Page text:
Church Reemerges in Mexico
By Mary Jordan and Kevin Sullivan
Washington Post Foreign Service
MEXICO CITY, Aug. 5 –– Shortly after winning the Mexican presidency
last month, Vicente Fox returned to his ranch in hilly central Mexico,
and together with
family, bodyguards and reporters, attended Sunday Mass at a local church.
With news cameras flashing, Fox stepped forward and accepted Holy Communion
from a Roman Catholic priest. The effect was stunning. The next morning,
of a president-elect publicly receiving the sacrament under headlines such as "Broken Tradition" were splashed in newspapers across the country.
Like so much here in this season of political revolution in Mexico,
the role of the Catholic church is fundamentally changing with the election
of the country's most
openly religious president in nearly a century.
Although 90 percent of Mexicans consider themselves Catholic, the church
was officially invisible for most of the 20th century. Relegated to the
sidelines of political
discourse by some of the world's toughest laws separating church and state, the church is now poised to take a more prominent role in public life and have an impact
"It is a very big deal," said church historian and author Marta Elena Negrete. "I think Mexicans are very grateful that you can talk publicly about religion now."
Many Mexicans agree. They say this is a further step in Fox's attempt
to make Mexico more like other modern democracies in which the church is
separate from the
state, but leaders are permitted to display personal religious beliefs. But, especially as controversies erupted this week over abortion and Fox's divorce, there is
concern that Fox will inflict his strong religious convictions on others through official actions.
"Many people who voted for Fox are concerned and a bit afraid of what
he will do" on such issues as religious education in public schools and
condoms in an effort to halt the spread of AIDS, said Roberto Blancarte, a scholar at the prestigious Colegio de Mexico who specializes in the Mexican church.
Fox has tried to calm those fears, saying he will not allow his personal
religious views to influence public policy improperly. He has also pointedly
from his pro-Catholic political party, the National Action Party (PAN). In some local jurisdictions where the PAN dominates the legislature, officials have outlawed
nudity in theaters, closed strip clubs, tried to enforce curfews and criticized homosexuals.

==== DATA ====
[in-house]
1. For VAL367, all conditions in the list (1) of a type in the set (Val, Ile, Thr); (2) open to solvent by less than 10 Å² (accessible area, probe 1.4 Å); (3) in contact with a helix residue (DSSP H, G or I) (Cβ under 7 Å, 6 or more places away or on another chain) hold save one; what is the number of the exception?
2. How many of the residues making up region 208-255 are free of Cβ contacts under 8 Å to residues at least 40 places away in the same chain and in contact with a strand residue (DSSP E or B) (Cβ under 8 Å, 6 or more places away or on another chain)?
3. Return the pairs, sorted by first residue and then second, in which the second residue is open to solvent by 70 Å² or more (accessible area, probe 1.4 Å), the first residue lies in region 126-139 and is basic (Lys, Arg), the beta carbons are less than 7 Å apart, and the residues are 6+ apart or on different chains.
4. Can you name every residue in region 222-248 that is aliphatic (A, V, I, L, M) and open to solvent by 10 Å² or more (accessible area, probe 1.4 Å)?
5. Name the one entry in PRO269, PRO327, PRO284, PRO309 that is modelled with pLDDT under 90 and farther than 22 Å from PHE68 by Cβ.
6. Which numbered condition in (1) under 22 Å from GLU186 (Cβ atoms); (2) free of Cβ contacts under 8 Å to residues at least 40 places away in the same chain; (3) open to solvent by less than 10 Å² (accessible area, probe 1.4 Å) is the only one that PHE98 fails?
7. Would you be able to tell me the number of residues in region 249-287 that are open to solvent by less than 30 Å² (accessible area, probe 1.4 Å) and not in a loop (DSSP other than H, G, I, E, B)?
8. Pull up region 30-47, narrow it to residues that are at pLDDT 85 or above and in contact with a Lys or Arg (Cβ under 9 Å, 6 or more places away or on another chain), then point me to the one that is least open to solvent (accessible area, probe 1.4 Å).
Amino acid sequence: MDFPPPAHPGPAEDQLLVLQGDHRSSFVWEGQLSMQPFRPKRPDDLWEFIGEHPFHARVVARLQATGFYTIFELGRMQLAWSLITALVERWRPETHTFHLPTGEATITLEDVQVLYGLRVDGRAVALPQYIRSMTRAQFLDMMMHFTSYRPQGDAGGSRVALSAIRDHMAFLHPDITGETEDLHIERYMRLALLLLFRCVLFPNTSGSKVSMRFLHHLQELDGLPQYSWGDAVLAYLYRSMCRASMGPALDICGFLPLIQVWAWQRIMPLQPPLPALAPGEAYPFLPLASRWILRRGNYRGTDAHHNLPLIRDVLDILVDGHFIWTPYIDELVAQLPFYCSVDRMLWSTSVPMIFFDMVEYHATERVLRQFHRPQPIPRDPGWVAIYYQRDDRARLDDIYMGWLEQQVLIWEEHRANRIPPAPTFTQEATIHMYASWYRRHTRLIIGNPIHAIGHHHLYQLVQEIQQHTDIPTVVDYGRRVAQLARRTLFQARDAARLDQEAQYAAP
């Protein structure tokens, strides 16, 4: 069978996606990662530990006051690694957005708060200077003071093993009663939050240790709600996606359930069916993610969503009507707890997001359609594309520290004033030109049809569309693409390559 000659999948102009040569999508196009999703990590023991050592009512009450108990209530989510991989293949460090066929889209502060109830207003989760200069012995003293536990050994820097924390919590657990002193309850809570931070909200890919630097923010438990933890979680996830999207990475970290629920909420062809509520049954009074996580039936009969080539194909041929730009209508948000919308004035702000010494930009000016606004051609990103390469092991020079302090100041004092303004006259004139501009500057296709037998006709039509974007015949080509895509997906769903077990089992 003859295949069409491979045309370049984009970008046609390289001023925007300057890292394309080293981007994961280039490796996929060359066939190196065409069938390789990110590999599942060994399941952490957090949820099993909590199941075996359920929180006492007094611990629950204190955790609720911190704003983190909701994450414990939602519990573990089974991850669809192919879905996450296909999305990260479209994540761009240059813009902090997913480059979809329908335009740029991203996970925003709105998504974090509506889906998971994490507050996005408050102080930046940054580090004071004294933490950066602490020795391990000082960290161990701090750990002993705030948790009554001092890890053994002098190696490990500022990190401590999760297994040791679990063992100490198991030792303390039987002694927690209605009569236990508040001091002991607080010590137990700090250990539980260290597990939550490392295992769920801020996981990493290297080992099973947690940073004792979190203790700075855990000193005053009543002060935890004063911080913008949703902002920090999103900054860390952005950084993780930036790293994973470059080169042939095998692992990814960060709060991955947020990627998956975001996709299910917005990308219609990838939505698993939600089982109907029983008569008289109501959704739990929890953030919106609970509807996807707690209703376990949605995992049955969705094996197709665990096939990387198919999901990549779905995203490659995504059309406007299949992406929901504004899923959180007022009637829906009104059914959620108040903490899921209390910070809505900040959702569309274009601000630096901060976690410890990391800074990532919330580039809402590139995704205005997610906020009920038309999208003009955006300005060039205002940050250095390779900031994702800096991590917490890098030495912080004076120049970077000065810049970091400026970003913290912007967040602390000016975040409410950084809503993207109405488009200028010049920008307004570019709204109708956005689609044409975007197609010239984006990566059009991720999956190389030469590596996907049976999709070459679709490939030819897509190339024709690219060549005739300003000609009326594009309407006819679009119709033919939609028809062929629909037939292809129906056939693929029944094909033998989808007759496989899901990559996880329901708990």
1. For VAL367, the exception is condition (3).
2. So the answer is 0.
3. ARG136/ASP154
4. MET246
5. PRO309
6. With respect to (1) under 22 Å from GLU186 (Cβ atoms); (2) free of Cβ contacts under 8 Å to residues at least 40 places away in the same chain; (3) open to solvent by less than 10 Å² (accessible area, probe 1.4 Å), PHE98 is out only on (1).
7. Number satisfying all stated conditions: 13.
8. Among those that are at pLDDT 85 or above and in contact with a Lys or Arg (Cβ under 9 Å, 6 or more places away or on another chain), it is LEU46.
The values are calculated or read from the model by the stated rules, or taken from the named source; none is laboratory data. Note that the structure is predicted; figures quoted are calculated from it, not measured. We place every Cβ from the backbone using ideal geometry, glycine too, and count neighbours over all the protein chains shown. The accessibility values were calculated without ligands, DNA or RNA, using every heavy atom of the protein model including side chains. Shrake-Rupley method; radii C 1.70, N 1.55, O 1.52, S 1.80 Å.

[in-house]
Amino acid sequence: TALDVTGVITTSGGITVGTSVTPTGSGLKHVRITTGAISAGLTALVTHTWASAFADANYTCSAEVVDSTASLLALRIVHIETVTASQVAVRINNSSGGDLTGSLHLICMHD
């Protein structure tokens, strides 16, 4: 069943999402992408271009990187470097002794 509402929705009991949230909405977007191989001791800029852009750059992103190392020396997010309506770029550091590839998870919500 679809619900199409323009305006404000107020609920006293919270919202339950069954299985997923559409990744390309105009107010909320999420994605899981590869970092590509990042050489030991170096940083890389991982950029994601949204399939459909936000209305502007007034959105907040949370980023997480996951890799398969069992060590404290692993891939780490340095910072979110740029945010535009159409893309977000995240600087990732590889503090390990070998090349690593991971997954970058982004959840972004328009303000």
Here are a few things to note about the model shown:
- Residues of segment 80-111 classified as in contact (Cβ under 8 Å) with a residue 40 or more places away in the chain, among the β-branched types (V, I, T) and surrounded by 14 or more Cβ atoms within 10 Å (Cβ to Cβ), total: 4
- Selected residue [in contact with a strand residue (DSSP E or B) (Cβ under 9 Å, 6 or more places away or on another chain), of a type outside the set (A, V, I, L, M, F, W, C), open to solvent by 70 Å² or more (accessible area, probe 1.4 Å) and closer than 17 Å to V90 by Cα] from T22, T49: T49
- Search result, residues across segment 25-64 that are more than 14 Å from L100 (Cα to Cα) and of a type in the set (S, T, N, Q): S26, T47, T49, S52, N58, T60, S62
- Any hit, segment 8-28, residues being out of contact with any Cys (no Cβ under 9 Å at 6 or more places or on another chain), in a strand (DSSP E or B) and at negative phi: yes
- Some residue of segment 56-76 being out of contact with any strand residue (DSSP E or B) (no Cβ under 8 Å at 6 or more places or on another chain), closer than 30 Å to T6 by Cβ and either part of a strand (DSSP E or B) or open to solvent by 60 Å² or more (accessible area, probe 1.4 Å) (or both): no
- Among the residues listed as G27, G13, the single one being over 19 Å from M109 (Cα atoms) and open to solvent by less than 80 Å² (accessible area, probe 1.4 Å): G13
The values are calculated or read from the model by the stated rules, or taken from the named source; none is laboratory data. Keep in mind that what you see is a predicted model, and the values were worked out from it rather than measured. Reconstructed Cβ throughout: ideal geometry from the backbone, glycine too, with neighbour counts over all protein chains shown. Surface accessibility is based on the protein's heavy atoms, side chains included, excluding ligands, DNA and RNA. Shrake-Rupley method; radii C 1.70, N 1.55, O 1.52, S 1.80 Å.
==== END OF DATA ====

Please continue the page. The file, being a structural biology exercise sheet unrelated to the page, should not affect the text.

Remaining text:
"The party will continue being a party; the government will be a government," Fox, who takes office Dec. 1, said last week.
Mexico has had a tumultuous relationship with the Catholic church since
the Spanish conquistadors introduced it nearly 500 years ago. Reformers
in the mid-19th
century imposed severe constitutional restrictions on the clergy, hoping to erase the immense power and privilege they enjoyed under Spanish rule. Those restrictions
were tightened after the 1910-17 Mexican Revolution by leaders who believed that a key element of modernizing Mexico was to create strict separation of church
and state. Especially in its early days, the Institutional Revolutionary Party (PRI), which has governed Mexico since 1929, actively tried to silence, if not squash, the
church, and the nation's political leaders kept their religious practices largely hidden.
It has only been since 1992, and landmark constitutional amendments,
that Catholic priests and nuns have been allowed to vote. Until then, they
also could not wear
clerical garb in public, hold religious services outdoors or own property. In the 1920s, Catholics were so angered by government persecution that they helped stage
the Cristero War, a bloody, and unsuccessful, uprising in which thousands of people died. Afterward, the church resigned itself to decades of official invisibility.
But slowly, since the constitutional changes, the church has become
more vocal and visible. This May a symbolic outdoor Mass, the kind that
had been banned for
generations, was held in Mexico City's historic main square, the Zocalo. On that day, 50,000 people gathered to hear Cardinal Norberto Rivera Carrera, the highest